At the Henan Institute of Science and Technology, our classrooms had individual monitors for each student. While this was horrible for trying to get them to look up and make eye contact, it was great for activities that required instructions I would’ve usually written on the board. Plus, then everyone who had poor eyesight or listening comprehension could always read what I was saying.
I found the best way to teach Chinese college students ESL was to make it fun so they’d forget to be nervous. Most of them had had English training since they were children, but still weren’t confident enough to speak. While brainstorming ways to help them practice their oral English, I came up with this.
To play ESL Jeopardy!, start easy. I split my class of 30 students into groups of four or five and orally explained the rules, which were also written on a slideshow on their monitors for those who struggled with listening comprehension.
- Each group can only guess once per round
- Each guess must be asked in question form
- Only the group spokesperson can tell me the answer
- The group spokesperson must raise his or her hand
Then I had slides with three clues on them. I’d show one clue and read it a loud, wait a bit, and then if no one guess I’d show the next clue until a group got it. The earlier the group solved the clue, the more points it would receive. I think I gave 5 points for solving with the first clue, 3 points for solving with the first and second clue, and 1 points for solving with all of the clues.
Be prepared for things to get crazy. In all of the excitement, spokespeople would often forget to raise their hands and instead would stand up waving their arms and shouting “What is a tiger?! What is a tiger?!”
Once I knew my students had caught on to how the game was played, we switched to the harder more realistic version. I wrote six categories and point values ranging from 5-50 points on the board. This time we went in order instead of whichever group member raised his or her hand first. In addition, if a group guessed the wrong answer, then the other groups could answer so everyone could be involved.
I taught this lesson six to seven times and saw an interesting trend: The groups that didn’t do very well in the first half of class dominated the second half of the class. My assumption is that the first version of Jeopardy! was easy for quick thinkers who were risk takers (willing to guess as quickly as possible no matter what) and the second version was for those who thought things through and know their facts. So it evened out and the game pretty much appealed to every student, which I can’t say is a common thing while teaching.
I came up with each question, but you are free to choose some of your own based on your students. In general, every class knew all the US History questions and thought they were super easy, but many struggled with household for 5, sports for 5 and 10, and American culture for 10. World facts for 50 was tricky too, because technically Australia is an island, but it is a continent so I didn’t count it. Anyway, have fun!
5— The two states that don’t border any others. “What are Alaska and Hawaii?”
10— The first president of the United States. “Who is George Washington?”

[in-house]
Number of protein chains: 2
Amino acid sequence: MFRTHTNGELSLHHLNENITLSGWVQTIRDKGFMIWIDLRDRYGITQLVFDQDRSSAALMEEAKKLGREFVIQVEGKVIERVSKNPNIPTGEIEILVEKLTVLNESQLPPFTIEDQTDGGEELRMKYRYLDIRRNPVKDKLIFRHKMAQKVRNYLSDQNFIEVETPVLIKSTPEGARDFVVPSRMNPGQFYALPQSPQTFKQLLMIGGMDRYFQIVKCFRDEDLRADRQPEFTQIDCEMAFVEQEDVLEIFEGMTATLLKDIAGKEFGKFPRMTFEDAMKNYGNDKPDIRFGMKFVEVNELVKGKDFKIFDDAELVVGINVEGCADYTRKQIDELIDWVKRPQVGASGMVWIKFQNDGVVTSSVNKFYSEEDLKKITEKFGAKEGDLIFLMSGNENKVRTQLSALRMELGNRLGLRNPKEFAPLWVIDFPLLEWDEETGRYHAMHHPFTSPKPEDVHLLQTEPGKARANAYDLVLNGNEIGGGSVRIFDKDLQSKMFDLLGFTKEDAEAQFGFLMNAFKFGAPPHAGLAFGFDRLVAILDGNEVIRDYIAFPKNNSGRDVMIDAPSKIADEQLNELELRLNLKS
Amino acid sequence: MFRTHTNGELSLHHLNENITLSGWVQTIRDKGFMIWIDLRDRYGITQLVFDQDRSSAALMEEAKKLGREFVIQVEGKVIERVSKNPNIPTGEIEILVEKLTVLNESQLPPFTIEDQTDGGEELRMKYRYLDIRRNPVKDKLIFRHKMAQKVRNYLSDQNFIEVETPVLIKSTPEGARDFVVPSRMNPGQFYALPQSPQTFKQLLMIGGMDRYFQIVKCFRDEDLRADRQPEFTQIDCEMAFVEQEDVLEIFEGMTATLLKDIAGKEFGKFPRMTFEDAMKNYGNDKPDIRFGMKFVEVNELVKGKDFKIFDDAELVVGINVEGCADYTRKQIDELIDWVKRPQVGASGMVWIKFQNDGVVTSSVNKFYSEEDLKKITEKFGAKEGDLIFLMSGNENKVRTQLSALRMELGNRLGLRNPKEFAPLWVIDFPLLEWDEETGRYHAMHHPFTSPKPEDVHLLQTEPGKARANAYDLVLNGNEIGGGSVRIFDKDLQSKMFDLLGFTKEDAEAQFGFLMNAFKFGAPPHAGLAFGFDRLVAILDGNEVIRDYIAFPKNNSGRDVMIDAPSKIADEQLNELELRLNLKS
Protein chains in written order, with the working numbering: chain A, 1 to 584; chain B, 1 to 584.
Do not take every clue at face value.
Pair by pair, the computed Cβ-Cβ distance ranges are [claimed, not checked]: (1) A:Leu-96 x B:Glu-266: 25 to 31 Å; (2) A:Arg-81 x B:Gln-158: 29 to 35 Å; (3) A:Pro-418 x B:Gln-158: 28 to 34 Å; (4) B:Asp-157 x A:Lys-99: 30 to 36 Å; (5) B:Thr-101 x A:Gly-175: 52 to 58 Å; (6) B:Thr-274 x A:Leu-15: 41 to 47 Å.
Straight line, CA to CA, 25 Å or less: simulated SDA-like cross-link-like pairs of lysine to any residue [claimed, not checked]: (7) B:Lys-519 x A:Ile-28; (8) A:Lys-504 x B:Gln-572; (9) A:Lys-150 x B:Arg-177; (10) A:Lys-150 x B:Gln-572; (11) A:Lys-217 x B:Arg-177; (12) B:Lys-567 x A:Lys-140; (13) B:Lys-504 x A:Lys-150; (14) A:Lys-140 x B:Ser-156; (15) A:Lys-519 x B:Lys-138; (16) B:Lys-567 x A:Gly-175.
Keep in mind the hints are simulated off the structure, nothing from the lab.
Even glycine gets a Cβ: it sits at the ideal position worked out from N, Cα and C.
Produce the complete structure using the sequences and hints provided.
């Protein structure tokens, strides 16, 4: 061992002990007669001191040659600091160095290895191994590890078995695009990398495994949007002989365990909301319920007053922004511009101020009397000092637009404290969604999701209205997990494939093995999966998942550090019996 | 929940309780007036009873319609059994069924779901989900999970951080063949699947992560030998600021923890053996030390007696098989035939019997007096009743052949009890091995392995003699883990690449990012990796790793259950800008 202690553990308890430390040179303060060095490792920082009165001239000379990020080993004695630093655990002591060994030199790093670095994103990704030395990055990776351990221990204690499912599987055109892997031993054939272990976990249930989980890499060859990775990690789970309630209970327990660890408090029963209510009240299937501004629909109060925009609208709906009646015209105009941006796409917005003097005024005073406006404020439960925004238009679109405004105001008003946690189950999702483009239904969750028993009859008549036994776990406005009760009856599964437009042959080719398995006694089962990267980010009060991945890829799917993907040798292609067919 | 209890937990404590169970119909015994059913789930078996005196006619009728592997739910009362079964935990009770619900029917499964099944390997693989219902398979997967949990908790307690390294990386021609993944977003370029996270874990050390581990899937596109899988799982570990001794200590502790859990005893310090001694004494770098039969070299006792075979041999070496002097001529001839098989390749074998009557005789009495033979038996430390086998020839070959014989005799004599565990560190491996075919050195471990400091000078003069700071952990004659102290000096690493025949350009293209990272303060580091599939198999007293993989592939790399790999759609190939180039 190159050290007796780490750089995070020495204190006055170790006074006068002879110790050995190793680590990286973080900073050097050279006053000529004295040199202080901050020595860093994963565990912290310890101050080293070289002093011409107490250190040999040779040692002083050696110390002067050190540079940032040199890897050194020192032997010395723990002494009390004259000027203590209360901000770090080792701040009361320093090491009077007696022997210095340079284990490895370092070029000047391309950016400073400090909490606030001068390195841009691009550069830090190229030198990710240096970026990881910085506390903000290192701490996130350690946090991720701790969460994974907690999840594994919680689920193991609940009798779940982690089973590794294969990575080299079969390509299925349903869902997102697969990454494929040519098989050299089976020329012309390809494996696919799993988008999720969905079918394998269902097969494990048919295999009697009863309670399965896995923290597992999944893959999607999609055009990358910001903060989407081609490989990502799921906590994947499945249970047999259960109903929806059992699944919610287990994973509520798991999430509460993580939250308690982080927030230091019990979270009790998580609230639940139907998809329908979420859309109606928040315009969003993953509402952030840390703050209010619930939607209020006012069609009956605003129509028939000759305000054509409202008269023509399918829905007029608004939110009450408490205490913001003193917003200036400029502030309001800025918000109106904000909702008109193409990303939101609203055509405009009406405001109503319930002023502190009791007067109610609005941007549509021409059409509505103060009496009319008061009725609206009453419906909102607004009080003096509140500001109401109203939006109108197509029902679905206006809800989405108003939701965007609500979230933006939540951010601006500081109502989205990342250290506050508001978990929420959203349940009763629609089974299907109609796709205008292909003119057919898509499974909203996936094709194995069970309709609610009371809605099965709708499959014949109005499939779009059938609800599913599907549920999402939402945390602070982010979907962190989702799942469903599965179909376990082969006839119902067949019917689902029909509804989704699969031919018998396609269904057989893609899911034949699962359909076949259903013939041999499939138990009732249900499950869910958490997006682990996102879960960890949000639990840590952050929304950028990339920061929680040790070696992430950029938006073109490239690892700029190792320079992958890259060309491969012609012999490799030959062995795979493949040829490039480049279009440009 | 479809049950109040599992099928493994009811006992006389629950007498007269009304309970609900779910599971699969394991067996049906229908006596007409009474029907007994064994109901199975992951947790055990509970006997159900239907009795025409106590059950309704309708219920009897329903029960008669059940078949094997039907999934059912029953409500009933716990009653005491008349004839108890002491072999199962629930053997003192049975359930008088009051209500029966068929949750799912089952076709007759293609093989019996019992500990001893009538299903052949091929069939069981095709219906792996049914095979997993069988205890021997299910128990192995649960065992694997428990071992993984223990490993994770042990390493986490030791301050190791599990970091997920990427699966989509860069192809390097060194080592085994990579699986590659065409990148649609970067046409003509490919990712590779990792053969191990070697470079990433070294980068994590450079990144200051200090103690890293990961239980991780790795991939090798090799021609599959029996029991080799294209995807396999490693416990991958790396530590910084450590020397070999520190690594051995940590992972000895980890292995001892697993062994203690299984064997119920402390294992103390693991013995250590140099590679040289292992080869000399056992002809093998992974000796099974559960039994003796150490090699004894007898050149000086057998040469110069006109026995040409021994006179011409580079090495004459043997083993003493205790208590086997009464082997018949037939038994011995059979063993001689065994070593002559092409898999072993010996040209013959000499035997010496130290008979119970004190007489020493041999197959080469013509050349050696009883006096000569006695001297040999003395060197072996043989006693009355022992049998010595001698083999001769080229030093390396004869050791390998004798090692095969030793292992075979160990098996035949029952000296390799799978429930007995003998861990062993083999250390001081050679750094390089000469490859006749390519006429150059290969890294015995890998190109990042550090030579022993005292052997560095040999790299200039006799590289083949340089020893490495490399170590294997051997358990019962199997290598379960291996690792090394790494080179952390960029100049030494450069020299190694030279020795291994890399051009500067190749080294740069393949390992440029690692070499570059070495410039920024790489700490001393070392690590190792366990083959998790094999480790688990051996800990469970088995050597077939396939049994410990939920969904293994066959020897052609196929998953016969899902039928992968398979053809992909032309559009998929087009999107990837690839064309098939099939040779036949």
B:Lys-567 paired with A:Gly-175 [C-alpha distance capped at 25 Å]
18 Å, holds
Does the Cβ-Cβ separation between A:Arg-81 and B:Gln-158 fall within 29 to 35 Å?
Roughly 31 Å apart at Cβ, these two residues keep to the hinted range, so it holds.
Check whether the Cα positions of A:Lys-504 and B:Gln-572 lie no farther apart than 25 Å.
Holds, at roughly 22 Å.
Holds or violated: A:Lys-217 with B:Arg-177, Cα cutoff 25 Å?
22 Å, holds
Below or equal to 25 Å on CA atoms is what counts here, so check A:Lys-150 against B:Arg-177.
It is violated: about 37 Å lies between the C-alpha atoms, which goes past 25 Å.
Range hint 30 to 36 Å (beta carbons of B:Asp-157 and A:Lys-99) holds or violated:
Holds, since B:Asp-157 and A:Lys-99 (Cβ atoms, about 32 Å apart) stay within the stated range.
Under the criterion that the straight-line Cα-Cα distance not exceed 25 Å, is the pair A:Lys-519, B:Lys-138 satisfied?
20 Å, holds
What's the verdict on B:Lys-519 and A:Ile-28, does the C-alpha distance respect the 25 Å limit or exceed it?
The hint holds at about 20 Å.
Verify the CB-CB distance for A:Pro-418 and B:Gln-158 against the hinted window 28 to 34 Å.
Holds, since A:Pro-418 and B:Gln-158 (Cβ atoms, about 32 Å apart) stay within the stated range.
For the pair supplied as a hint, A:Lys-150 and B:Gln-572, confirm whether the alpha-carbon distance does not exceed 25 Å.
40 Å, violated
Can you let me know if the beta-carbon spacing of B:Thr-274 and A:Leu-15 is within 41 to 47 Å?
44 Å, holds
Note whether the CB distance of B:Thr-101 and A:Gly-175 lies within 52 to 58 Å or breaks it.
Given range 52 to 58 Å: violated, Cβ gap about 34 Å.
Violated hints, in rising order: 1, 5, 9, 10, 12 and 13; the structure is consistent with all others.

15— The city in which the White House is located. “Where is Washington D.C.?”
25— The war that ended slavery in America. “What is the American Civil War?”
50— The year the Declaration of Independence was signed. “When is 1776?”
5— Something soft to lay your head on. “What is a pillow?”
10— A piece of fabric used to dry off with. “What is a towel?”
15— Without me, you wouldn’t be able to read in bed. “What is a lamp?”
25— A device used to turn the TV on. “What is a remote control?”
50— The machine used to heat your food quickly. “What is a microwave?”
5— Shooting a ball into a hoop is the point of this game. “What is basketball?”
10— Bump, set, spike are a part of this sport. “What is volleyball?”
15— There are wheels involved, but no one is driving. “What is roller skating?”
25— A game where the opponents are allowed to push each other on ice. “What is hockey?”
50— Tackling other players is important in this sport. “What is American football?”
5— Giving a clock as a gift is not a polite or appropriate in this country. “What is China?”
10— In this country, teenagers are encouraged to date many people in order to find the best spouse. “What is America?”
15— It is rude to talk about age, weight and salary with a person you don’t know well in this country. “What is America?”
25— The thumbs up sign is an insult in this country. “What is Germany?”
50— A country where calling someone fat or discussing their weight could have you end up in court or put in jail. “What is France?”
5— A piece of meat in between bread. “What is a hamburger?”
10— Laying in a special bed to darken your skin. “What is a tanning bed?”
15— The way to greet someone in a business setting. “What is a handshake?”
25— Giving someone money when they do their job well. “What is a tip?”
50— This sport and apple pie are America’s favorite past time. “What is baseball?”
5— Where all roads were have supposed to led. “What is Rome?”
10— Considered “unsinkable” for most of its maiden voyage in 1912. “What is the Titanic?”
15— Known as the greatest poet, playwright and writer of the English language, despite not being recognized in his time. “Who is William Shakespeare?”
25— Where the first modern Olympic Games were held in 1894. “Where is Athens, Greece?”
50— It’s the world’s largest island. “What is Greenland?”